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Clinical Nurse Manager

Leadership & Management
Career Pathway

Career Directions

  • Clinical Practice
  • Management

Area of Practice

  • Learning Disability Nursing


  • Community/Primary Care

Job/Role Summary

I work as Clinical Nurse Manager within Children Disability Team whereby I manage Community Learning Disability nurses (CNLD), an Intensive Treatment Team with inpatient unit for children. This specialised service provides timely multidisciplinary intervention to children and young people who have an intellectual disability with complex behavioural and/or mental health difficulties within a community and/or hospital setting. I am responsible for prioritising and allocating cases to the appropriate service and overseeing the proposed treatment plan for each child based on a biopsychosocial model. Within my clinical role I carry out ADHD assessment for children with intellectual disability and practice as a Nurse Prescriber.


Specific qualifications and experience required

I qualified as a Learning Disability Nurse (RNLD) in October 1996 after completing the Project 2000 nursing programme graduating with a Diploma in Learning Disability Nursing from University of Ulster. My Nursing career began in Stradreagh Hospital (WHSCT) which was an inpatient setting for Adults and Children with an intellectual disability. I gained invaluable experience in a variety of settings from Assessment and Treatment Unit to Sever/Complex Behavioural Unit and Complex Physical Health Care Unit. After two years’ experience within the hospital I decided to branch out into community settings, first being a Respite Unit for adults and children with Intellectual disability. In 2000 I took up a post in voluntary sector with an organisation known as Challenge which is now part of the Praxis Care Group. This post was to develop a work skills project for adults with an intellectual disability which was completely different from any form of nursing that I had previously practised. This post was very diverse and completely unique at the time and it challenged me to think outside the box regarding care provision for people with an intellectual disability. I gained great insight into collaborative intra-agency working in this post.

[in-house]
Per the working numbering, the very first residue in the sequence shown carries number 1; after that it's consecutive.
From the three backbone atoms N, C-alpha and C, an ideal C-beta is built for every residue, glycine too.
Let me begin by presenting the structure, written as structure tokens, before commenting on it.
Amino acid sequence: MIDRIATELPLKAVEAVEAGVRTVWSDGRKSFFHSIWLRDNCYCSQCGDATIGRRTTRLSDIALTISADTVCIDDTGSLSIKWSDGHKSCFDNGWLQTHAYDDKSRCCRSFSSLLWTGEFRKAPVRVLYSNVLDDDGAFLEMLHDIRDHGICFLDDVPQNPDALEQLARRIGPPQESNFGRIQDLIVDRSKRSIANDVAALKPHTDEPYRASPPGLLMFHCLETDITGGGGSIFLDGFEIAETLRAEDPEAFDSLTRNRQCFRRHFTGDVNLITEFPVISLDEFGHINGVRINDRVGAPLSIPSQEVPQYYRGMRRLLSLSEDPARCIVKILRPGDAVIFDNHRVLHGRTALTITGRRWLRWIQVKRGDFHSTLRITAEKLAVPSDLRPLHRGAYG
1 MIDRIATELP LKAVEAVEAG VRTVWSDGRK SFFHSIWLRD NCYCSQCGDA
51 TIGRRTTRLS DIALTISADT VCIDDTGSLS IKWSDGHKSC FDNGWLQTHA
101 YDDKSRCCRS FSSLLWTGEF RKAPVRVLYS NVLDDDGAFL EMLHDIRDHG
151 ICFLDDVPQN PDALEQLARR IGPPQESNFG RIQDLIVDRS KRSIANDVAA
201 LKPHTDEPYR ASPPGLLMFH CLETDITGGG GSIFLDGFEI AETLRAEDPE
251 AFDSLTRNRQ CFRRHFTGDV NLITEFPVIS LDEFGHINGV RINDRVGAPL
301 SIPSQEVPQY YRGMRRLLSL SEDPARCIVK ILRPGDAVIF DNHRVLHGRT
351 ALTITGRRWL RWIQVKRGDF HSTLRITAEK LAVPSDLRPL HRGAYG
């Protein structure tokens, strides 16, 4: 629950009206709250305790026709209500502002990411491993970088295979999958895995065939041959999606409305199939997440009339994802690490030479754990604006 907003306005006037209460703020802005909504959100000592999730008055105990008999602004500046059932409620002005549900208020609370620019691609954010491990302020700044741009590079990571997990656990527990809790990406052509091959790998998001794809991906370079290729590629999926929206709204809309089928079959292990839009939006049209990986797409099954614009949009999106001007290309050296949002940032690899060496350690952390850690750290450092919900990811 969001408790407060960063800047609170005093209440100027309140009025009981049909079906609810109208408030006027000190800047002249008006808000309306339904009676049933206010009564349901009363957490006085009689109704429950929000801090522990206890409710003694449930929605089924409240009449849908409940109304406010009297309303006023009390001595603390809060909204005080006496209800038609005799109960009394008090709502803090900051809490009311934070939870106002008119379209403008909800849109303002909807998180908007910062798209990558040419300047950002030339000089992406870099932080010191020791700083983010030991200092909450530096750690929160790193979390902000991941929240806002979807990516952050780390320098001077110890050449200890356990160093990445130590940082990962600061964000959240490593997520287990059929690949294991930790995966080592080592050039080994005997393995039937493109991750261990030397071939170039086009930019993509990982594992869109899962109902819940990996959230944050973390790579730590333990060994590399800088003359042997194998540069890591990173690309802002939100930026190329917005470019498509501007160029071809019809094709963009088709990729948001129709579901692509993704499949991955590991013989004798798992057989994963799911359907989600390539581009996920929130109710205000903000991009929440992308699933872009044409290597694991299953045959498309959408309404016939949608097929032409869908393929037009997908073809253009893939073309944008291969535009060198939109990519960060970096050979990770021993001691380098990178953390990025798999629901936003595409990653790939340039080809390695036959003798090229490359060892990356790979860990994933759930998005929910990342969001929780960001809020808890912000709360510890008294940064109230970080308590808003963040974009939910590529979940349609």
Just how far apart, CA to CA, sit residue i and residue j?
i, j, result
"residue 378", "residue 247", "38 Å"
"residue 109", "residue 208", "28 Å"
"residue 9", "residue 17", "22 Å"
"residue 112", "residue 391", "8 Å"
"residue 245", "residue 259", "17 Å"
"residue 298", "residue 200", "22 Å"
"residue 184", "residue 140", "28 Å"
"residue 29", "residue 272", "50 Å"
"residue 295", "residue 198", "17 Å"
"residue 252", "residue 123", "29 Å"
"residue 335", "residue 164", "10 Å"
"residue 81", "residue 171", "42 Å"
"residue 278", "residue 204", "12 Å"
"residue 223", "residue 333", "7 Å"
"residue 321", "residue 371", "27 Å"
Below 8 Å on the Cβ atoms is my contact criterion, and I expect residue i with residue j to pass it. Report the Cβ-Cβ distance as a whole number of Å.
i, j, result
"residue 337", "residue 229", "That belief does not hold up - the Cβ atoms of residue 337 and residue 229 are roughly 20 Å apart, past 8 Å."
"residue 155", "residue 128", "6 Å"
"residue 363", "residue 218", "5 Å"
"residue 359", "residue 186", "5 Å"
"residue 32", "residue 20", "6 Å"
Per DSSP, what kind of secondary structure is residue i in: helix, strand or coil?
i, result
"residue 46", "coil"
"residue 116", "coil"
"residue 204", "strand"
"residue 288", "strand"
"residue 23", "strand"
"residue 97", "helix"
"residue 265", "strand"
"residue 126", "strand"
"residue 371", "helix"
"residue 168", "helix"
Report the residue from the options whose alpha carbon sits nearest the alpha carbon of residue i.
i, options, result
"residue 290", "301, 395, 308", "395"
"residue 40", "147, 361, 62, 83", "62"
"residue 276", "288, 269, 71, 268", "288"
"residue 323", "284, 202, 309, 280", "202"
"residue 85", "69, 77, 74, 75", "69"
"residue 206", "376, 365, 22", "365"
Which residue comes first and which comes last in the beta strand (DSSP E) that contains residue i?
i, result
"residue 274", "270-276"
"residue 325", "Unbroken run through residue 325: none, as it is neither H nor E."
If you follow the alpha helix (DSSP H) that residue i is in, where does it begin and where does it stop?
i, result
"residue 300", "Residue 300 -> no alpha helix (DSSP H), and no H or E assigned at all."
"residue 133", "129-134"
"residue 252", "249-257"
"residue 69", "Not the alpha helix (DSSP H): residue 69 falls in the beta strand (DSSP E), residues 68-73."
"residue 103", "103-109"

In 2004 an opportunity became available to return to work in WHSCT as a Nurse in Day care. This role was caring for adults with an intellectual disability who had complex physical health needs in a day care setting. During my time in this post I was seconded to undertake the specialised practice qualification and I qualified with a BSc Hons (2:1) degree in Community and Public Health in Learning Disability Nursing (CNLD). Following this qualification I then applied for a further secondment for 6 months to become the first Acute Liaison Nurse in Northern Ireland. My community nursing career commenced following this post. I was initially working with both Adults and Children with an Intellectual Disability as a CNLD from 2007 until 2015, and specifically disaggregating to children services in 2011 where I continued to work as CNLD based within the Children Disability Team. In 2013 I completed the non-medical prescribing course and although I am currently working as a manager I still continue my clinical role as a nurse prescriber. 


Career Milestones

I have been fortunate in my career and the roles that I have undertaken so far have all been varied and I gained a wealth of knowledge and experience from each of them. The highlight for me is being the first and to date the only Acute Liaison Nurse in N.I. I enjoyed this role immensely, educating nursing staff in general hospital about the needs of individuals with an intellectual disability so that they could make reasonable adjustments to enhance the care given to individuals with an intellectual disability. 


Enjoyable aspects of the job/role

I relish working alongside children, young people and their families in providing meaningful therapeutic input to improve their and their family’s lives. Being a Nurse Prescriber allows me to have autonomy within my practice, assessing children, prescribing medication if necessary and providing timely interventions. 


Advice for those considering the type of job/role?

To take every opportunity that comes their way and always draw from other nurses experience. Rise to the challenge to improve and develop services for this exceptional client group that we have the privilege of working with.


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